In 1956, Secretary of State John Foster Dulles, explaining how America could use the threat of nuclear war in diplomacy, told Life Magazine, “The ability to get to the verge without getting into the war is the necessary art…. If you try to run away from it, if you are scared to go to the brink, you are lost.” President Donald Trump recently seemed to embrace this idea with his warning that if North Korea made any more threats to the U.S., it “will be met with fire and fury like the world has never seen.” Continue reading…

‘A Brief History of Lemonade’ by Amanda Foreman – The Wall Street Journal

ILLUSTRATION: THOMAS FUCHS

The lemonade stand has symbolized American childhood and values for more than a century. Norman Rockwell even created a classic 1950s drawing of children getting their first taste of capitalism with the help of a little sugar and lemon. Yet like apple pie, the lemonade stand is far older than America itself.

The lemon’s origins remain uncertain. A related fruit with far less juice, the citron, slowly migrated west until it reached Rome in the first few centuries A.D. Citrons were prestige items for the rich, prized for their smell, supposed medicinal virtues and ability to keep away moths. Emperor Nero supposedly ate citrons not because he liked the taste but because he believed that they offered protection against poisoning. Continue reading…

‘Austen, Anonymous Writers and History’ by Amanda Foreman

ILLUSTRATION: THOMAS FUCHS

It is a truth universally acknowledged that “Pride and Prejudice” by Jane Austen —who died 200 years ago this month—is one of the most romantic and popular tales ever written. Behind the global adoration she enjoys today lies the irony that in her own time Austen’s name never appeared on her books. Continue reading…

‘The Perils of Cultural Purity’ by Amanda Foreman in The Wall Street Journal

PHOTO: THOMAS FUCHS

“Cultural appropriation” is a leading contender for the most overused phrase of 2017. Originally employed by academics in postcolonial studies to describe the adoption of one culture’s creative expressions by another, the term has evolved to mean the theft or exploitation of an ethnic culture or history by persons of white European heritage. Continue reading…

“The Song-Cycle Ancestors of ‘Sgt. Pepper’” by Amanda Foreman – The Wall Street Journal

The cover art for ‘Sgt. Pepper’s Lonely Hearts Club Band.’ PHOTO: © APPLE CORPS LTD.

When the Beatles’ “Sgt. Pepper’s Lonely Hearts Club Band” turned 50 on June 1, many critics and music lovers praised it as a work that both helped to create the modern concept album and became the anthem for the Summer of Love generation. From the innovative cover design to the musical mashups that included a 40-piece orchestra and a “kazoo” made of toilet paper and a comb, “Sgt. Pepper” seemed to be all about change and freedom. Continue reading…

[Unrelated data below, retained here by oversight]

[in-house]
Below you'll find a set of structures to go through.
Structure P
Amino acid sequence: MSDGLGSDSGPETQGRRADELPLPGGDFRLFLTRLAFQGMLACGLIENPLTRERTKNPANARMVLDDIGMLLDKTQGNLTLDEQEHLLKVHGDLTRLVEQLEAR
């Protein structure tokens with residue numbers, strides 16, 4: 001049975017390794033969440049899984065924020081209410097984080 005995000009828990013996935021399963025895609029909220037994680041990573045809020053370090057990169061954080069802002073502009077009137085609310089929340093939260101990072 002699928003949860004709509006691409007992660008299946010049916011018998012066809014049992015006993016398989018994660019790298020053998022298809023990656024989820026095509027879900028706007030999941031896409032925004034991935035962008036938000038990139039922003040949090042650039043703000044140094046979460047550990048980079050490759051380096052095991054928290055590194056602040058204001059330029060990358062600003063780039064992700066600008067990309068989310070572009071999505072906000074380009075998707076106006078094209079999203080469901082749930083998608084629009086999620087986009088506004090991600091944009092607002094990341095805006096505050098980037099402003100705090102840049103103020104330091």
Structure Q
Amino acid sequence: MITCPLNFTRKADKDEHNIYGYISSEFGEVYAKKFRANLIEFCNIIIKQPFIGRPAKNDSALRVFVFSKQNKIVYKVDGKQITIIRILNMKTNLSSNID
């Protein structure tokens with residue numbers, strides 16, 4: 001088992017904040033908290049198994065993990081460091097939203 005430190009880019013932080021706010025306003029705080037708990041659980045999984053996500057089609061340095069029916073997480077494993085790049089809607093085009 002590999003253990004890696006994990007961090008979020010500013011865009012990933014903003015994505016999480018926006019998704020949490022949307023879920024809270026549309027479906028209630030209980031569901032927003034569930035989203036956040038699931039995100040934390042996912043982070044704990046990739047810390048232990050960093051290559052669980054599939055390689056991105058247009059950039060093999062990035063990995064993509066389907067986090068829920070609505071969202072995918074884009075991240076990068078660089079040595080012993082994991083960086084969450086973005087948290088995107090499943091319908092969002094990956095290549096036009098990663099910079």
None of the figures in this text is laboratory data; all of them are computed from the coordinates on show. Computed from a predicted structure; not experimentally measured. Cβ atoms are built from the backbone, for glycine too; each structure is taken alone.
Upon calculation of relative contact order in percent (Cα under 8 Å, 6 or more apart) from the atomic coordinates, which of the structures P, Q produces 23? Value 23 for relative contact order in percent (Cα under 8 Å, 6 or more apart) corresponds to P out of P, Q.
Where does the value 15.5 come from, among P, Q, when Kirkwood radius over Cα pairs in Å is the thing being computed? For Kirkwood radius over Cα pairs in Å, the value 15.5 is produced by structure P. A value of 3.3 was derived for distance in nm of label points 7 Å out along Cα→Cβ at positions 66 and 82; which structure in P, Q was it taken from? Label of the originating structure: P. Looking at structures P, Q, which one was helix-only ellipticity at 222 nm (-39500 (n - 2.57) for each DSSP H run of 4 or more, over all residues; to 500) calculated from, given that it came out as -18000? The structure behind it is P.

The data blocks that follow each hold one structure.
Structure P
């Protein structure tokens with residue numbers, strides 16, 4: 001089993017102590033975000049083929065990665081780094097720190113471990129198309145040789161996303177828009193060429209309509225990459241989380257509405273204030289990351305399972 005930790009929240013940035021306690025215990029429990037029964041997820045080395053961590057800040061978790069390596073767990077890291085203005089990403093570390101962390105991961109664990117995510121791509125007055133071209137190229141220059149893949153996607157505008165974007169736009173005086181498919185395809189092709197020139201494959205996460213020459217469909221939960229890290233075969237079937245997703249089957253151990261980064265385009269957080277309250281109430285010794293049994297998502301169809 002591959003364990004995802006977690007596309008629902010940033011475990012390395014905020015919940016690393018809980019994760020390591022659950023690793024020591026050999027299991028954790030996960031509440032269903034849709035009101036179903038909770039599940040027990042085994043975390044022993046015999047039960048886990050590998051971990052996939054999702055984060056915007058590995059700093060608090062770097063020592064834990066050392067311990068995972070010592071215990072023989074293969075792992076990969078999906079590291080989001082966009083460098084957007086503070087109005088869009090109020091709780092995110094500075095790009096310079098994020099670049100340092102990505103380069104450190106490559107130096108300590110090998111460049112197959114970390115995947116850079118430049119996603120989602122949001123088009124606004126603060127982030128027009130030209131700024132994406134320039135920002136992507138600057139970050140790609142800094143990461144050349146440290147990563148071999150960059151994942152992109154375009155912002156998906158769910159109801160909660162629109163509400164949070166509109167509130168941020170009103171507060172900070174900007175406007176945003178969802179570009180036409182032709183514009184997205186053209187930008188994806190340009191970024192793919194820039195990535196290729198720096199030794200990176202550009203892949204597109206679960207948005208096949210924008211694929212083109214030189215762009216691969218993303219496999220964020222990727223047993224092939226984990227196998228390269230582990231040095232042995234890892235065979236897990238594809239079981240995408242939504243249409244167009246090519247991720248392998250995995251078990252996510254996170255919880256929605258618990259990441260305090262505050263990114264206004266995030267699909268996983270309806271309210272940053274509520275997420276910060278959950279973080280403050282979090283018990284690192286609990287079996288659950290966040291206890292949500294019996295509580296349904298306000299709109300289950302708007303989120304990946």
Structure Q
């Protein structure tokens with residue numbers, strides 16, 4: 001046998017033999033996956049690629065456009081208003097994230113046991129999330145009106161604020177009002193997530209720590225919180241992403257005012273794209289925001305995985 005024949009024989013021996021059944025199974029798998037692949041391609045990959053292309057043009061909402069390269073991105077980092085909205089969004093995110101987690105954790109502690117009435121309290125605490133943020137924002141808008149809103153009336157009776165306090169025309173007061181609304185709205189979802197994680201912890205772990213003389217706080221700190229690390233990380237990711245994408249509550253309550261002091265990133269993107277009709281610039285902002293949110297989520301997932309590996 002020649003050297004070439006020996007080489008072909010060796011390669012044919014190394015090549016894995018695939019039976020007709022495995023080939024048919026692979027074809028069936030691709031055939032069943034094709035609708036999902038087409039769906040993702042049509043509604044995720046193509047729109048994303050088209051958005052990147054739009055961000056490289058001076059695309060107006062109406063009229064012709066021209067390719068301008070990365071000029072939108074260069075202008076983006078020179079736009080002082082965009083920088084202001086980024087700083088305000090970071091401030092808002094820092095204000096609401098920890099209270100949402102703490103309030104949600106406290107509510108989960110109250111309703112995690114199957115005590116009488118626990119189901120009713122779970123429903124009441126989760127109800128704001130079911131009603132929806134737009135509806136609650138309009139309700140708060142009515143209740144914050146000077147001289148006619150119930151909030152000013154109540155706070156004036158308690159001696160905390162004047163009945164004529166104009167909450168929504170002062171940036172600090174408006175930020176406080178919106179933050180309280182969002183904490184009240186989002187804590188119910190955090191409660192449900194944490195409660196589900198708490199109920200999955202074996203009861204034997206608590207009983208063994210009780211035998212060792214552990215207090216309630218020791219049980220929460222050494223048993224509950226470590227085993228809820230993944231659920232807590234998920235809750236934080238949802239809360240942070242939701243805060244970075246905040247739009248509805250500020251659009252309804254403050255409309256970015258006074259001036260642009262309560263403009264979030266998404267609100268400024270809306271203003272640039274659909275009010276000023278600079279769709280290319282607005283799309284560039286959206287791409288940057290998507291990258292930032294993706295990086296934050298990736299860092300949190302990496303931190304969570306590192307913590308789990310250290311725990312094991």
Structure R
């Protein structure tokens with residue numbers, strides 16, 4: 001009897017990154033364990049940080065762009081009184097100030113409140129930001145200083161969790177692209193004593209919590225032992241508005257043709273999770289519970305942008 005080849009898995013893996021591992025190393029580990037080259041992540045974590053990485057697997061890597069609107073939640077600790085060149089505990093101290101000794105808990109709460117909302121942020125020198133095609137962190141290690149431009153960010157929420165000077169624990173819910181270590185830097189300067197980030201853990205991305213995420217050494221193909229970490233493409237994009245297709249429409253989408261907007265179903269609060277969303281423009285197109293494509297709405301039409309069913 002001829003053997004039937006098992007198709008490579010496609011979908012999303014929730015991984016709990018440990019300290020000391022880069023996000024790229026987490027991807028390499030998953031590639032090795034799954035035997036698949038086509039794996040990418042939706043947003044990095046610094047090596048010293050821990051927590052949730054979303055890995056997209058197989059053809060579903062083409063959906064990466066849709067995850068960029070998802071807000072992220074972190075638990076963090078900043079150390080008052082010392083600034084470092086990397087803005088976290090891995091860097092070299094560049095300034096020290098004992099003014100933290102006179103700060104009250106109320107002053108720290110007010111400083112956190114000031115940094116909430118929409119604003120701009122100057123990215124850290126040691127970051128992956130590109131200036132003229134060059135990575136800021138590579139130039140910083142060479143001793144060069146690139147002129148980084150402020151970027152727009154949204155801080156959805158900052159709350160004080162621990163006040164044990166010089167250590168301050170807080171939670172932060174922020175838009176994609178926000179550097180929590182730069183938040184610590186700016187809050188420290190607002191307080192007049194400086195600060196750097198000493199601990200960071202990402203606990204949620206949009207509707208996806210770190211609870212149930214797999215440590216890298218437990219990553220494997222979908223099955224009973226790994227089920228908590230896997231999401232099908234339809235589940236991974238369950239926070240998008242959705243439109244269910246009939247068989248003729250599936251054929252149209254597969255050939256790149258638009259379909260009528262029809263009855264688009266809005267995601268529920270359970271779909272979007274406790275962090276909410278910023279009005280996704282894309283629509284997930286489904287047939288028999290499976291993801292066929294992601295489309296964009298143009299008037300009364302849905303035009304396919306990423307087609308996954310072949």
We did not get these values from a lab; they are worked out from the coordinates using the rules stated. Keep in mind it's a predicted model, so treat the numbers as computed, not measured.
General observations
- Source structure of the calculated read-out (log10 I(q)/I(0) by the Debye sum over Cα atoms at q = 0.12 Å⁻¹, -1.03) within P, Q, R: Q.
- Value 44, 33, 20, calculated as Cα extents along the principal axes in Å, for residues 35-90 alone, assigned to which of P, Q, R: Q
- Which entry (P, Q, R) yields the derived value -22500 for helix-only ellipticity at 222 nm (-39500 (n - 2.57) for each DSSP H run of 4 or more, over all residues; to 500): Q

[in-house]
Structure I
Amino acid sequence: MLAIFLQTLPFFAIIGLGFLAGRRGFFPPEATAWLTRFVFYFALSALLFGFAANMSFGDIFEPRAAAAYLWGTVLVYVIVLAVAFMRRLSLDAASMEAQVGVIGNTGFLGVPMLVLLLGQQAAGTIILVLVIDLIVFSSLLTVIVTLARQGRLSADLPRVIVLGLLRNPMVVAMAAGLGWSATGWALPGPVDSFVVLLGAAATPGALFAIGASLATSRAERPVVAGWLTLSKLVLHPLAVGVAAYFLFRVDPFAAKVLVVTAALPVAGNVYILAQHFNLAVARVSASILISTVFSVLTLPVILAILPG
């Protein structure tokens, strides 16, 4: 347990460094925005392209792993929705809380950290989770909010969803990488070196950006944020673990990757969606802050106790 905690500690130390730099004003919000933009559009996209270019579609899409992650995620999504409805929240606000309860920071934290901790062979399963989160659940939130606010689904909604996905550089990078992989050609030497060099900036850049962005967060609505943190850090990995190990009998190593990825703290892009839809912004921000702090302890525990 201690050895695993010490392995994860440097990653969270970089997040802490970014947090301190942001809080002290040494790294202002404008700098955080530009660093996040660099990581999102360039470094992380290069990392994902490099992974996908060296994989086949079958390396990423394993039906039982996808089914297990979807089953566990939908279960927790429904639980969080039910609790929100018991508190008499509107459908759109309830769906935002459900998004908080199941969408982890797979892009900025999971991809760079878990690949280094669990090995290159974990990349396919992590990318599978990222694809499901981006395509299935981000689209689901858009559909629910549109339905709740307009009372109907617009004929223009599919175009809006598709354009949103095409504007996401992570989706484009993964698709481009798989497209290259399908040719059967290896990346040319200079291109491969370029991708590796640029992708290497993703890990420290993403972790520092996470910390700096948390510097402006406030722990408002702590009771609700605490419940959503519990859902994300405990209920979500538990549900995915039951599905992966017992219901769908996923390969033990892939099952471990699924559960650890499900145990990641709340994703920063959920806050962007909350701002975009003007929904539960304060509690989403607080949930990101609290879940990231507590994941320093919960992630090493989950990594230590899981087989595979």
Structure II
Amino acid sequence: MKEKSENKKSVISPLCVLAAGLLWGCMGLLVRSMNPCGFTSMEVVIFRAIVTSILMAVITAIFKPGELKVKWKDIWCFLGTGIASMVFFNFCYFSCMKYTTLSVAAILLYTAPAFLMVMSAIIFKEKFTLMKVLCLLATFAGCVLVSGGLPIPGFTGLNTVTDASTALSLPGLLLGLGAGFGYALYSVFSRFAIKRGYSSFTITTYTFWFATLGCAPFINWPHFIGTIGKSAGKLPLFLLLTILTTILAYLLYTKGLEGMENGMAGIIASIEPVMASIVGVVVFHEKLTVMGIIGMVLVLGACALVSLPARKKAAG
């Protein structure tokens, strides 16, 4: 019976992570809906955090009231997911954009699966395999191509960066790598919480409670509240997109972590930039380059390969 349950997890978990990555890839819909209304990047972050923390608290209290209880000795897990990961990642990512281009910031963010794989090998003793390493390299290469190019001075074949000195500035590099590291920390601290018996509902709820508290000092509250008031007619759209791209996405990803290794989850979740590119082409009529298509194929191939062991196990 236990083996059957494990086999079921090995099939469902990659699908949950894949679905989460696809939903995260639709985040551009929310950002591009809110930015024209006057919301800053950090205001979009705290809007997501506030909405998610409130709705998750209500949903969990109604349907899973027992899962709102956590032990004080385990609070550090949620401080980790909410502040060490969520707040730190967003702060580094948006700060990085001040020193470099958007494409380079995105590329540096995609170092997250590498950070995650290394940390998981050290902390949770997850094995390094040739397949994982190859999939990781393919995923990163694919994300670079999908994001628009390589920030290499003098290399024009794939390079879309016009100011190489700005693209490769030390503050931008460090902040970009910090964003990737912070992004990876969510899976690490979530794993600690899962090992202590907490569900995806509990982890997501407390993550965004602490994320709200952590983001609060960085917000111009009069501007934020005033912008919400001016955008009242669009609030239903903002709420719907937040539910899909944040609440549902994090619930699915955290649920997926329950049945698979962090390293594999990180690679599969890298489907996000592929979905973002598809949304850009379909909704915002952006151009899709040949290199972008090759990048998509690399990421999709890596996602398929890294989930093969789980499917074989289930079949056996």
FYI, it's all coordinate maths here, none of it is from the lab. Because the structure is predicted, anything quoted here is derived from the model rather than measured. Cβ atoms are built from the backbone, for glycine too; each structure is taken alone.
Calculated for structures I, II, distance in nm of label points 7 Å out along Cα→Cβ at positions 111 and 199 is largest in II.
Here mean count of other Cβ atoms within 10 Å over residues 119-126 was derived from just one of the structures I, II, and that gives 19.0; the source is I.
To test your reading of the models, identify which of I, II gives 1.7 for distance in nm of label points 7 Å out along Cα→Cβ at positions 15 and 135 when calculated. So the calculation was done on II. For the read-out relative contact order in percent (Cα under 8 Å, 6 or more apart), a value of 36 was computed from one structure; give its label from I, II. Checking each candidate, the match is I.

‘On the Trail of Art Looters’ by Amanda Foreman – The Wall Street Journal

A relief from Rome’s Arch of Titus showing the spoils of Jerusalem. PHOTO: DEAGOSTINI/GETTY IMAGES

Since 2014, Islamic State has been doing its best to destroy all traces of pre-Islamic culture in Iraq and Syria. Hammers and explosives aren’t its only tools. The antiquities trade is worth billions, and the self-styled caliphate is funding itself in part by looting and selling ancient treasures.

In late May, the Journal reported that U.S. and European Union authorities were scrutinizing a pair of art dealers as part of a wider investigation into who has been facilitating the market for ancient coins, statues and relics stolen by Islamic State. The dealers say they have done nothing wrong.

Continue reading…

‘Don’t sneer at historical fiction, it’s keeping the past alive’ by Amanda Foreman’ – The Telegraph

I know it’s old hat to complain that students are becoming more stupid by the hour. But can you blame me when the Cambridge historian John Guy revealed to a Hay Festival audience this week that he keeps meeting prospective students who admit to knowing nothing of Tudor politics outside of Hilary Mantel’s novels.

I mean, what idiot turns up unprepared for an Oxbridge history interview and expects to be taken seriously? When you’re applying to one of the world’s best universities, do you a) read voraciously to ensure that you outsmart the competition, or b) parade your total ignorance of even the most basic tenets of your chosen discipline?

This shouldn’t need spelling out, but here goes: if you plan on discussing a particular era, then make an effort to know it before the interview. Read the books of at least two different academics and have an opinion on whose arguments you find most persuasive. Continue reading…

‘A History of Colors and Their Owners’ by Amanda Foreman – The Wall Street Journal

ILLUSTRATION: THOMAS FUCHS

In 2009, a graduate student working in a chemistry lab at Oregon State University accidentally created a new, brilliantly blue pigment while experimenting with manganese oxide and other materials. Dubbed “YInMn blue” after its chemical makeup, the pigment quickly spurred a research paper and a patent application. And soon the gorgeous new color will be available to all of us: Crayola recently announced that it would introduce a blue crayon “inspired” by YInMn and kicked off a contest to name it. Continue reading…